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On Friday 22nd December 2006 14 soldiers who perished in the siege of Edinburgh Castle 1689 were re-buried. These were part of a complement of 100 men who defended the only fortress in the U.K. to support the Stuart monarchy at the time of the Glorious Revolution 1688-89 when the Catholic King James VII of Scotland (King James II of England) was replaced by the Protestants William and Mary.

The soldiers had been buried in the Coal Yard area of the castle but were discovered about 1986. The remains were removed for safe-keeping and analysis by Historic Scotland.

It is believed that the 14 men died of disease rather than through combat. One of the men may be Private Colin Sutherland.

The re-burial was a simple ceremony conducted by an Army chaplain.

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Read more on Fourteen Jacobite soldiers re-buried…



Lady Stairs Close (was Baxter’s Close): Home of Robert Burns for a short period.

6a Nicolson Street (Formerly Nicolson’s): This is where J.K.Rowling wrote parts of Harry Potter and the Philosopher’s Stone.

Rutherford’s Howff, Drummond Street: This is a former drinking den patronised by Robert Louis Stevenson.

2 Wellington Place, Leith: Former home of Irvine Welsh, author of Trainspotting.

Sciennes Hill House, Sciennes House Place: Meeting place of Sir Walter Scott and Robert Burns.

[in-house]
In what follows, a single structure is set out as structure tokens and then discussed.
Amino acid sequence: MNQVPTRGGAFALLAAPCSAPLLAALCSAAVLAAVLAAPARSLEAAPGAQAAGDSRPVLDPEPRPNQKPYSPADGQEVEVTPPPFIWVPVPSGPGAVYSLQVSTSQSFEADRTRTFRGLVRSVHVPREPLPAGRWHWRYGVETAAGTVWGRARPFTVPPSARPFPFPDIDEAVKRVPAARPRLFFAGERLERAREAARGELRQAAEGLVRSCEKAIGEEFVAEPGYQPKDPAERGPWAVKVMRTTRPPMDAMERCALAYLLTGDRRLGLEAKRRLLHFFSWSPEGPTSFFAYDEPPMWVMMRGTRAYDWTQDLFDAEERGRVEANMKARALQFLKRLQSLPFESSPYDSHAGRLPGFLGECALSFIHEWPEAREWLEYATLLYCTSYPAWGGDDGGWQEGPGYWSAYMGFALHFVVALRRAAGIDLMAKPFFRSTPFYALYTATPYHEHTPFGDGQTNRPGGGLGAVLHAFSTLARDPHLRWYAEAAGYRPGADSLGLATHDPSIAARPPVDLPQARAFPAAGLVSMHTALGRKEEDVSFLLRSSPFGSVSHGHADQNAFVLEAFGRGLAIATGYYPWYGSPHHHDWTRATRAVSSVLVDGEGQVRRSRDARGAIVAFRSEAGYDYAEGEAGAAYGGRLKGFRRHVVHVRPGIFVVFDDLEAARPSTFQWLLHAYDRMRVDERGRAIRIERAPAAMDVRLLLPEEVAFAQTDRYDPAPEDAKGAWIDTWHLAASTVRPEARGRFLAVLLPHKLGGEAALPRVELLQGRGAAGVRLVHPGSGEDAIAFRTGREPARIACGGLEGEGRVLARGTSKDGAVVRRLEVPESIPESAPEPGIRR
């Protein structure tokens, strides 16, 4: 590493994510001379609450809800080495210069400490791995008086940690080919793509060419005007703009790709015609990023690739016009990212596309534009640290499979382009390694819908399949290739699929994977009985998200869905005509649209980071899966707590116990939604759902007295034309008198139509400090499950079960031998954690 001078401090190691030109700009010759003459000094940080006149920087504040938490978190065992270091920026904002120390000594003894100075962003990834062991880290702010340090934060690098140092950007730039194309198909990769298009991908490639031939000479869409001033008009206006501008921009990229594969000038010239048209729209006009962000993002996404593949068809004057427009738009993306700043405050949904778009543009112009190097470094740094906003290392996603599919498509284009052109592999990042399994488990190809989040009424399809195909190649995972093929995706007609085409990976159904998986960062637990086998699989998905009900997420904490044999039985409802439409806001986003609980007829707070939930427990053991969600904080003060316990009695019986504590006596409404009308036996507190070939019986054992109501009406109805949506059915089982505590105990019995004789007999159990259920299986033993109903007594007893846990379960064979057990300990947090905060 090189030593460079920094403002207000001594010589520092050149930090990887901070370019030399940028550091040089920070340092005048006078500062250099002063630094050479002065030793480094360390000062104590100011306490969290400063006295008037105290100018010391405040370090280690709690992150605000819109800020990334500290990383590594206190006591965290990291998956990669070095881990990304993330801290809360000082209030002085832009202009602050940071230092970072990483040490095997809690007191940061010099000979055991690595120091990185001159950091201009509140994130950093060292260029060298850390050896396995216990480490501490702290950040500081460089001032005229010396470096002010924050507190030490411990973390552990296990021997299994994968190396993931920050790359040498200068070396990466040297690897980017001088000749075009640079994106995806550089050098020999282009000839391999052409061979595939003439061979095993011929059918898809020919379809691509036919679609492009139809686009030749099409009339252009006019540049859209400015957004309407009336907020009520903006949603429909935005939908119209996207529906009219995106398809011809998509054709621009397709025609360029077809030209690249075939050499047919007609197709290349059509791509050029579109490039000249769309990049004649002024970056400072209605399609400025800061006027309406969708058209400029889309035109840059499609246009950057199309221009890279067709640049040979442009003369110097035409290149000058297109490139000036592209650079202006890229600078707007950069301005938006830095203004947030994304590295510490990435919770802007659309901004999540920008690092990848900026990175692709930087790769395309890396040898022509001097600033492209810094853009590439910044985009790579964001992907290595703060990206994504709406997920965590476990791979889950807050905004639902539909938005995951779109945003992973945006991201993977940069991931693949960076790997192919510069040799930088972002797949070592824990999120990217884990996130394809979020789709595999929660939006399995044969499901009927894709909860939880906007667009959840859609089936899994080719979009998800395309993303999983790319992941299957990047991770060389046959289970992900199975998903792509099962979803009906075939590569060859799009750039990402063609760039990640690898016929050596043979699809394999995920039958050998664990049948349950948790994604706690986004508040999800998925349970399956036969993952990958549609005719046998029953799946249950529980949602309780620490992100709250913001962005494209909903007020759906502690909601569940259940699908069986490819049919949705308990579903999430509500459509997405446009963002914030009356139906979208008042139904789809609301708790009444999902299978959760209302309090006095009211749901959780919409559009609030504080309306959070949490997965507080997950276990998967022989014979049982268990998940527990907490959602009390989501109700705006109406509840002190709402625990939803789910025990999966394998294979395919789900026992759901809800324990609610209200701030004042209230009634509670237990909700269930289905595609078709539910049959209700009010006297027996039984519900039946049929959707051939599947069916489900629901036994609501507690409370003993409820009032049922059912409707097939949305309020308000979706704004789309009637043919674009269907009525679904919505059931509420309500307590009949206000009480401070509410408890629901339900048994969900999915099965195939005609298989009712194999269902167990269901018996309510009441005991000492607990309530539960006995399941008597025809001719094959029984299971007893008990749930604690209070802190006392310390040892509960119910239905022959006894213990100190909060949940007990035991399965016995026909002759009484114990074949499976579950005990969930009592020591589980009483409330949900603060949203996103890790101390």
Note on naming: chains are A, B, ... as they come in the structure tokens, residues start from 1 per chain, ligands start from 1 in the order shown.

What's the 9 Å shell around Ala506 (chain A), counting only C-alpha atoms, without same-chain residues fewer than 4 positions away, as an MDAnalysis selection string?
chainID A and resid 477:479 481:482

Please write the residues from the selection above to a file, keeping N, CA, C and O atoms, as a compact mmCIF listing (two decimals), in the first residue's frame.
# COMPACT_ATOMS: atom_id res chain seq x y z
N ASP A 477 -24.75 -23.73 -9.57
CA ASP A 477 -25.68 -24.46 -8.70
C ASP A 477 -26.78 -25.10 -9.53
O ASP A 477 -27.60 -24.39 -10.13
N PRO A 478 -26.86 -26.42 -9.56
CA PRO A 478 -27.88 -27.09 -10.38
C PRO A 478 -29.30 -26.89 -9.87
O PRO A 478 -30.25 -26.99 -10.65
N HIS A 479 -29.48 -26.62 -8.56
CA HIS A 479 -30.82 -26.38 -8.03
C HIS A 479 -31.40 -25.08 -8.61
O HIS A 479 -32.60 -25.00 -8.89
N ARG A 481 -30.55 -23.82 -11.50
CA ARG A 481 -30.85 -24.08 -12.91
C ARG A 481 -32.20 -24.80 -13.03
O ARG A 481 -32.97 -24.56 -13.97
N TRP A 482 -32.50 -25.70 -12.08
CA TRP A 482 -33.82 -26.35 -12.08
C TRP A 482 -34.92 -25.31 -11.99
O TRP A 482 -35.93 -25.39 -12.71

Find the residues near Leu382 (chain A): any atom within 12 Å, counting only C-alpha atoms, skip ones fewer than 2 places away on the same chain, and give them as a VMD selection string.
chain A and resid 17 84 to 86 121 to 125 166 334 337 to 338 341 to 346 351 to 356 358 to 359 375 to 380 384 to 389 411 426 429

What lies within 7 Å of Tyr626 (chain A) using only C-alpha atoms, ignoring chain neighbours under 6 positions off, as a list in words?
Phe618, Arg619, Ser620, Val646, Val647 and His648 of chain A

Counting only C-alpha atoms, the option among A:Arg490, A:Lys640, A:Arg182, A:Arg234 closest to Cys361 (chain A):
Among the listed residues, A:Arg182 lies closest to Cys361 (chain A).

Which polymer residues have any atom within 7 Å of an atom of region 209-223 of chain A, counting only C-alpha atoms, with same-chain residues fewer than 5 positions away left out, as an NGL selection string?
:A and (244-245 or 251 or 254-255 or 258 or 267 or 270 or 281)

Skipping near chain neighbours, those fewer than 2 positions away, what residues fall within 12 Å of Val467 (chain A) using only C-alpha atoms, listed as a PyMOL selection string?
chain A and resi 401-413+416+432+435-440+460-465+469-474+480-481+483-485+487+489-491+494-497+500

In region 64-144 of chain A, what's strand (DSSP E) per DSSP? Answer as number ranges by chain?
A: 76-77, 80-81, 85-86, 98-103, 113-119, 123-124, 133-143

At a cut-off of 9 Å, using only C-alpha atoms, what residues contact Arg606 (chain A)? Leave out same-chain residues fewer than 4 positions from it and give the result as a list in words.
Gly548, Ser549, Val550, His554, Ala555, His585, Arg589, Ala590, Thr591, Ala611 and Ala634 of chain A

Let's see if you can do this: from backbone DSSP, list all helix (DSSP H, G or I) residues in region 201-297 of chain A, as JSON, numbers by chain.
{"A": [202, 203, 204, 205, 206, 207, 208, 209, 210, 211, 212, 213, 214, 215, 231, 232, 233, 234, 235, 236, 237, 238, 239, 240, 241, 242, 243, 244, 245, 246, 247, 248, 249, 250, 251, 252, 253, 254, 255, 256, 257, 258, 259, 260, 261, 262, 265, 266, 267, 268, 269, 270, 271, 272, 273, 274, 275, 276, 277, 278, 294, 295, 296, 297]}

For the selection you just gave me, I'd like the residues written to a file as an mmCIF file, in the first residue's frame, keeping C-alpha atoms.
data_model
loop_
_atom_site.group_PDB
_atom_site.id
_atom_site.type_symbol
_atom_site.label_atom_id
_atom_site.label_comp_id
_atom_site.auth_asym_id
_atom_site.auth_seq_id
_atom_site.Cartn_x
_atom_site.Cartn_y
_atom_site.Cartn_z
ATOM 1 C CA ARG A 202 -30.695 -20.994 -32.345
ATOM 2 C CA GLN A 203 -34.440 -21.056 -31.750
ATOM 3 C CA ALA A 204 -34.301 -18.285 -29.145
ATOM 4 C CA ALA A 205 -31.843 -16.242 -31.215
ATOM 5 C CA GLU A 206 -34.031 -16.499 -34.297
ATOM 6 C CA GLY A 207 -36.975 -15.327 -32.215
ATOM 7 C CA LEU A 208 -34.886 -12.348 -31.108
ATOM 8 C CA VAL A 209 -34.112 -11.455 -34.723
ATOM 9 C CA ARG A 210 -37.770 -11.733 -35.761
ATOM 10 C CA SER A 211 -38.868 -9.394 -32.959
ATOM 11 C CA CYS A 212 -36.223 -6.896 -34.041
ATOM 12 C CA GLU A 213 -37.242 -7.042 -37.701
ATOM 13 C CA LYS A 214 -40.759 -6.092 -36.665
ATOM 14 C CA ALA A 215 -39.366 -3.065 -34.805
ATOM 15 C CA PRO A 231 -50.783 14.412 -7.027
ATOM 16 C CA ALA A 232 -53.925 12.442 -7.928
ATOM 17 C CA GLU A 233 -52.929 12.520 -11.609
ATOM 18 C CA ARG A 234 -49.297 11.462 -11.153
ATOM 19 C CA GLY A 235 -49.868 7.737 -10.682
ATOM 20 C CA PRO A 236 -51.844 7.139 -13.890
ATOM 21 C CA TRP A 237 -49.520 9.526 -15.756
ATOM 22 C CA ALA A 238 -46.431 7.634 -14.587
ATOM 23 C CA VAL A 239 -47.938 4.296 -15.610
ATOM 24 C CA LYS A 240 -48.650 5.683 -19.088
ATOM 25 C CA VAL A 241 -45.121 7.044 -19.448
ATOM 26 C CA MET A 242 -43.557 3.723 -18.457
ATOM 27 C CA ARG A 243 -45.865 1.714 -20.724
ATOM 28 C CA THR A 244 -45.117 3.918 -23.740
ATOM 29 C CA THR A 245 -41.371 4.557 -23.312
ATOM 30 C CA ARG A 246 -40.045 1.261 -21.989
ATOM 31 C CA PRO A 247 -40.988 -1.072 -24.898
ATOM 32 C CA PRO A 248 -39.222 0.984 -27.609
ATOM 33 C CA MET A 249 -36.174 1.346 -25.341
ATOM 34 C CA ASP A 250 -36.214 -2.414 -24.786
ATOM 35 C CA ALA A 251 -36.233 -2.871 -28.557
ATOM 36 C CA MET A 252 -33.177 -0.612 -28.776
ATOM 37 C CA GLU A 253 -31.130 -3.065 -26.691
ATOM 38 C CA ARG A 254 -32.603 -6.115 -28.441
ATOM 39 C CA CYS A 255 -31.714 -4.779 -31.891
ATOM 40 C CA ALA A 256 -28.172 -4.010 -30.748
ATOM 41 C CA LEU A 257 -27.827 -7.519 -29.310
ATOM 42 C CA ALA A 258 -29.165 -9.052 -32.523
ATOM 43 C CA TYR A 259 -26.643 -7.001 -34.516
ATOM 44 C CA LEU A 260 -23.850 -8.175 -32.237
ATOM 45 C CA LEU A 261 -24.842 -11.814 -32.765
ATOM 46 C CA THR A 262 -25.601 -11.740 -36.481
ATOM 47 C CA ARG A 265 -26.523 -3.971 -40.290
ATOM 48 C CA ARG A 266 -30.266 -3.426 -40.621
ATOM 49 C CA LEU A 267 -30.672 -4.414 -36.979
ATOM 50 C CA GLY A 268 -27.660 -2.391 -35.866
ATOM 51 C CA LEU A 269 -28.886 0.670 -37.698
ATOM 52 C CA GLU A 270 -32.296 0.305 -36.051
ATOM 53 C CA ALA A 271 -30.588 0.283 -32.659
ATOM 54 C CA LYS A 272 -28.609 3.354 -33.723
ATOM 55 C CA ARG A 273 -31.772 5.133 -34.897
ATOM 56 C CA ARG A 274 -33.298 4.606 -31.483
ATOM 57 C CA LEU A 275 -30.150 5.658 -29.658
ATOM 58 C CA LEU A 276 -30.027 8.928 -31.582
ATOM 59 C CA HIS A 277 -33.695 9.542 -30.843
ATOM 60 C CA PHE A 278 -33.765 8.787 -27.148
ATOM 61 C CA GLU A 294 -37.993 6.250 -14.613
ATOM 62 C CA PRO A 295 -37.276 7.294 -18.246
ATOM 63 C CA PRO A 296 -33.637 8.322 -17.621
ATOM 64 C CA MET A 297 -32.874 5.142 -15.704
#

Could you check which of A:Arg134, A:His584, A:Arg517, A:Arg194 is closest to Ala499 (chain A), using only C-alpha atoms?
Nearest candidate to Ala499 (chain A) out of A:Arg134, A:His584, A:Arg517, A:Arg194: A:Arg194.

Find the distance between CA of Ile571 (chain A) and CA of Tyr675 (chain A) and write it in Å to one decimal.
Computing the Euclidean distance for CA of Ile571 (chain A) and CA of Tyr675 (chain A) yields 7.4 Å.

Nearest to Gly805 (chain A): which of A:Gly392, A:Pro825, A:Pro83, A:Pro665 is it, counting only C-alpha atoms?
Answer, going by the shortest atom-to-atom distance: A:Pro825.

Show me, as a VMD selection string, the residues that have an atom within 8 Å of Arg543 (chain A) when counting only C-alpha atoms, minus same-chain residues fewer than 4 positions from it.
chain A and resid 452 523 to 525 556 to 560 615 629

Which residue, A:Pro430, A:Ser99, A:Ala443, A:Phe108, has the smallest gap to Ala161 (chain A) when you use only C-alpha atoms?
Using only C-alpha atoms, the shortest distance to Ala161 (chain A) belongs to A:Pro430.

Riddles Court (was Land) 322 High Street: First permanent home of philosopher, David Hume.

Scotland Street: Setting for Alexander McCall Smith’s novel, 44 Scotland Street.

31 Drummond Place: Home of Compton Mackenzie who wrote ‘Whisky Galore’.

Arden Street, Marchmont: Former home of Ian Rankin, author of Inspector Rebus.

St. Stephen Street, Stockbridge: Former home of novelist, Joan Lingard.

Boyd’s Inn (now Entry), Canongate: Arrival point of Dr. Johnson 1773.

Canongate Kirkyard: Contains graves of Adam Smith (economist), Robert Ferguson (poet) and Agnes McLehose ( known to Robert Burns).

5 The Abbotsford, 3 Rose Street:Meeting place of poet Hugh MacDiarmid and associates during 1950s and early 1960s.

Craiglockhart: Former war hospital where Siegfried Sassoon met Wilfred Owen (poets).

St. Peter’s Church, 77 Falcon Avenue, Morningside: Oscar Wilde used Father John Gray as a role model for the character Dorian Gray.

160 Bruntsfield Place: Birthplace of novelist Muriel Spark.

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Read more on Edinburgh’s Famous Addresses…



David Octavius Hill and Robert Adamson formed an Edinburgh based partnership which was active in the early, pioneering days of photography. At that time exposures lasted 2-4 minutes, even on a bright day and for that reason subject(s) eyes were avoided to minimise movement.

In the late Victorian period, Evelyn George Carey was active; he meticulously documented the construction of the Forth Railway Bridge. Also, Alfred Henry Rushbrook was active at the same time.

The best way to view the iconic Forth Rail Bridge is by boat.

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Read more on Edinburgh and Victorian Photographers…